One of the easiest ways to grow rosemary plant indoors is to grow them in containers. If your rosemary plant is in containers, you have to start acclimating the plant to the diminished light it will receive when it is bring indoors. This plant really requires full sun and even the brightest window is not the same as a sunny garden. If there is time you can start to acclimate the rosemary plant by moving it to a shadier part of the garden for part of the day. The longer you are able to do this, the better suited the rosemary plant will be to the indoor surroundings.
Growing Rosemary Plant Indoors
Light Requirement: Place the rosemary plant in the brightest window that you have. If the rosemary plant starts to struggle due to lack of light you can add a florescent light to the mix.
Humidity Requirement: Powdery mildew is really a challenge for rosemary plant whether it is grown indoors or outside. To actually reduce the likelihood of mildew on the plant use a fan to create a breeze for a few hours a day. The less humidity the rosemary plant is exposed to the better.
Water Requirement: This plant does not really like wet feet AKA wet roots. Once the top inch of the soil is dry make sure you water the plant. During the winter period the rosemary plant will naturally start to slow its growing process and it will require less water.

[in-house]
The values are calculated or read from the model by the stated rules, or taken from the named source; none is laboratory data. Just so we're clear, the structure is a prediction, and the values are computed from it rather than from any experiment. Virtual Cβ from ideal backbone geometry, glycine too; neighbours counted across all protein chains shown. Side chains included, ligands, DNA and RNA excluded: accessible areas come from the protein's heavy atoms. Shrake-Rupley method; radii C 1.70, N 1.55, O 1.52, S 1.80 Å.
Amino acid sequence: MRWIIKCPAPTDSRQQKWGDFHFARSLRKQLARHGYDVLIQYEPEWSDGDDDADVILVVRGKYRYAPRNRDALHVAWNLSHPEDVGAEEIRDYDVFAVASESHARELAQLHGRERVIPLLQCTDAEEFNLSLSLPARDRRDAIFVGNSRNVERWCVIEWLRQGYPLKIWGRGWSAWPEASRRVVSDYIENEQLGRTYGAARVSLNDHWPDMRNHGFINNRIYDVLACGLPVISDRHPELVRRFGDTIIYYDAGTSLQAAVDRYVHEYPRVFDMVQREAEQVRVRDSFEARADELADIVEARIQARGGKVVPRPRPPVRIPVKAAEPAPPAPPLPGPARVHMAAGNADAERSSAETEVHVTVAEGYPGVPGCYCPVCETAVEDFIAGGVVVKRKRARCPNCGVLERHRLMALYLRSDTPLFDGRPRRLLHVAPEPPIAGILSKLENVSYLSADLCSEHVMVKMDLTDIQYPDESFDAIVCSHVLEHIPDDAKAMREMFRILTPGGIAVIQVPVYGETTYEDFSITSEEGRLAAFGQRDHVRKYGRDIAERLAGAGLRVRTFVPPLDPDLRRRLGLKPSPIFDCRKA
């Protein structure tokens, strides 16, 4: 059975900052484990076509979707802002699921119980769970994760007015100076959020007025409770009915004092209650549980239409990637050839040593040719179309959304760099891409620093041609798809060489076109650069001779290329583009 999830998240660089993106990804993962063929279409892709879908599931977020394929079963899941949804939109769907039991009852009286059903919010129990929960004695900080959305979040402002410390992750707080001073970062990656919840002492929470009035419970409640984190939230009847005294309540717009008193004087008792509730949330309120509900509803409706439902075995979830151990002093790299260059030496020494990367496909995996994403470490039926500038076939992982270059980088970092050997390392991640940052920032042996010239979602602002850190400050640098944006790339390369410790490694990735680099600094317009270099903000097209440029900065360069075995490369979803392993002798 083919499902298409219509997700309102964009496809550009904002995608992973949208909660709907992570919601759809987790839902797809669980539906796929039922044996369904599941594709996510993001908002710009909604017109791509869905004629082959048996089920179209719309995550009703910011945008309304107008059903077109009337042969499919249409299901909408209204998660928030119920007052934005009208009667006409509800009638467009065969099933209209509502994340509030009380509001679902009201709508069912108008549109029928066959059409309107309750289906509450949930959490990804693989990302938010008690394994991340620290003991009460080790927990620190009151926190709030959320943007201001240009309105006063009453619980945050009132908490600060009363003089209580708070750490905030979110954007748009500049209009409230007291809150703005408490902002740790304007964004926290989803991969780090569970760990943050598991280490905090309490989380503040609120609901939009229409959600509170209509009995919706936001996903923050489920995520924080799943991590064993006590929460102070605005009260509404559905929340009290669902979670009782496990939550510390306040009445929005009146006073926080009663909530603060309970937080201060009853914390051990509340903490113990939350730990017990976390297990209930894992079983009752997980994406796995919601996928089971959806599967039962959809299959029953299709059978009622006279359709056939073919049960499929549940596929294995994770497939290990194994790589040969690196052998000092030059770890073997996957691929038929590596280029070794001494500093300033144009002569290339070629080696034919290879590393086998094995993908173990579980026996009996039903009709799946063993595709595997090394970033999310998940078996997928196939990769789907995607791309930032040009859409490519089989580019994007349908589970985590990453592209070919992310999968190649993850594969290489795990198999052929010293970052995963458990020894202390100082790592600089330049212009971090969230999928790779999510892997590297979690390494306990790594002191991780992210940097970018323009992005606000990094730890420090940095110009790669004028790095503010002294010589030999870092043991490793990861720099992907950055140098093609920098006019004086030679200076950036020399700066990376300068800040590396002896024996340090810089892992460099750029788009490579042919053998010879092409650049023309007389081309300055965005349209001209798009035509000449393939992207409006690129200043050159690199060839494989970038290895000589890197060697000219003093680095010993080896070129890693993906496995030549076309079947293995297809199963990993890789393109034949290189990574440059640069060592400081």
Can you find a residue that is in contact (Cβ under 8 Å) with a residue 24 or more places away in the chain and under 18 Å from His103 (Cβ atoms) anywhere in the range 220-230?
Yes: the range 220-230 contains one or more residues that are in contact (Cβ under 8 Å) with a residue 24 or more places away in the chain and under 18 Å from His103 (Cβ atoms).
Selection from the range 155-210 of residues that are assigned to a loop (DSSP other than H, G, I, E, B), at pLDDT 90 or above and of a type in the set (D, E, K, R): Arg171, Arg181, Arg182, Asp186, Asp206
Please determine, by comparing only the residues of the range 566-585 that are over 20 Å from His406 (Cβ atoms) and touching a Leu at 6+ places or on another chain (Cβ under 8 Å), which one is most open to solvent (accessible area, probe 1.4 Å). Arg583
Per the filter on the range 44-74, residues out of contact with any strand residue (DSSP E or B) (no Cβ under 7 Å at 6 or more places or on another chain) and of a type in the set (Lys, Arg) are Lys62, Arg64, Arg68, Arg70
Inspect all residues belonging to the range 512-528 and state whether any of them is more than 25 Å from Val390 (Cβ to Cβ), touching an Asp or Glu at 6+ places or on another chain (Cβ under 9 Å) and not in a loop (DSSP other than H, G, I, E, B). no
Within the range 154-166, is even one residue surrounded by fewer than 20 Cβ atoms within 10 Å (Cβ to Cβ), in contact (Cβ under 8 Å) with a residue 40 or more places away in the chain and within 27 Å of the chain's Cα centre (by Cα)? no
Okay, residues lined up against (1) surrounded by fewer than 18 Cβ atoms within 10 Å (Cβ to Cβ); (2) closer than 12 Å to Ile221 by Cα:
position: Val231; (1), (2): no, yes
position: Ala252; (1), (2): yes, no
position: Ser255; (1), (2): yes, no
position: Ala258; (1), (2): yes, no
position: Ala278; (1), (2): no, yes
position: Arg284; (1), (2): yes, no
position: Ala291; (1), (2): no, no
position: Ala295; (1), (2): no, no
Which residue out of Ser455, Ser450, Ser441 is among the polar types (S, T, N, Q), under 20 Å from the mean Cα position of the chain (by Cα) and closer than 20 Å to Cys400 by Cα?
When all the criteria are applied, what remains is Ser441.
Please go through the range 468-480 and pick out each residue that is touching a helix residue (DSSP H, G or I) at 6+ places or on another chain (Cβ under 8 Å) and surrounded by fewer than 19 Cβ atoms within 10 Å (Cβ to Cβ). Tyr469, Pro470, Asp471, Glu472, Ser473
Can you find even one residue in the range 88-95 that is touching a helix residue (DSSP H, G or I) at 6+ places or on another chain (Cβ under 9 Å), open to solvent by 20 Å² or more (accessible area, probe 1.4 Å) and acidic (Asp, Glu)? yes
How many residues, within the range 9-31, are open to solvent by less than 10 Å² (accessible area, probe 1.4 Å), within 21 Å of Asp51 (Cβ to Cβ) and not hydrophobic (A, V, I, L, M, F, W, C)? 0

Rosemary Cuttings: If you don’t actually have a potted rosemary plant, or you don’t have rosemary plant in your garden, you can simply take a cutting with the permission from a friend’s rosemary plant.
Furthermore, the best time to take cuttings from rosemary plant is in the spring when the plant is vigorously growing. On the other hand fall cuttings will work too. Make sure you take the cutting with clean pruners from the youngest, healthiest looking branch. It should be at least four inches long measuring from the tip towards the plant. You have to remove the bottom leaves with the pruners, don’t rip or pull off the leaves from the plant. Make sure you dip the end in rooting hormone powder and place it in bright light in a jar of water. Only the part of the rosemary plant stem that has been cleared of leaves should be in the water. Ensure you refresh the water every few days.
Once the roots emerge you can plant them in fresh potting soil amended with sand, vermiculite or perlite for optimal air and water circulation. This plant does best in loose, well-draining soil. You can plant the rosemary directly to its permanent container or use smaller containers until the rosemary plant has established a solid root base. You can consider using a permanent, decorative container that is at least 6 inches deep with adequate drainage.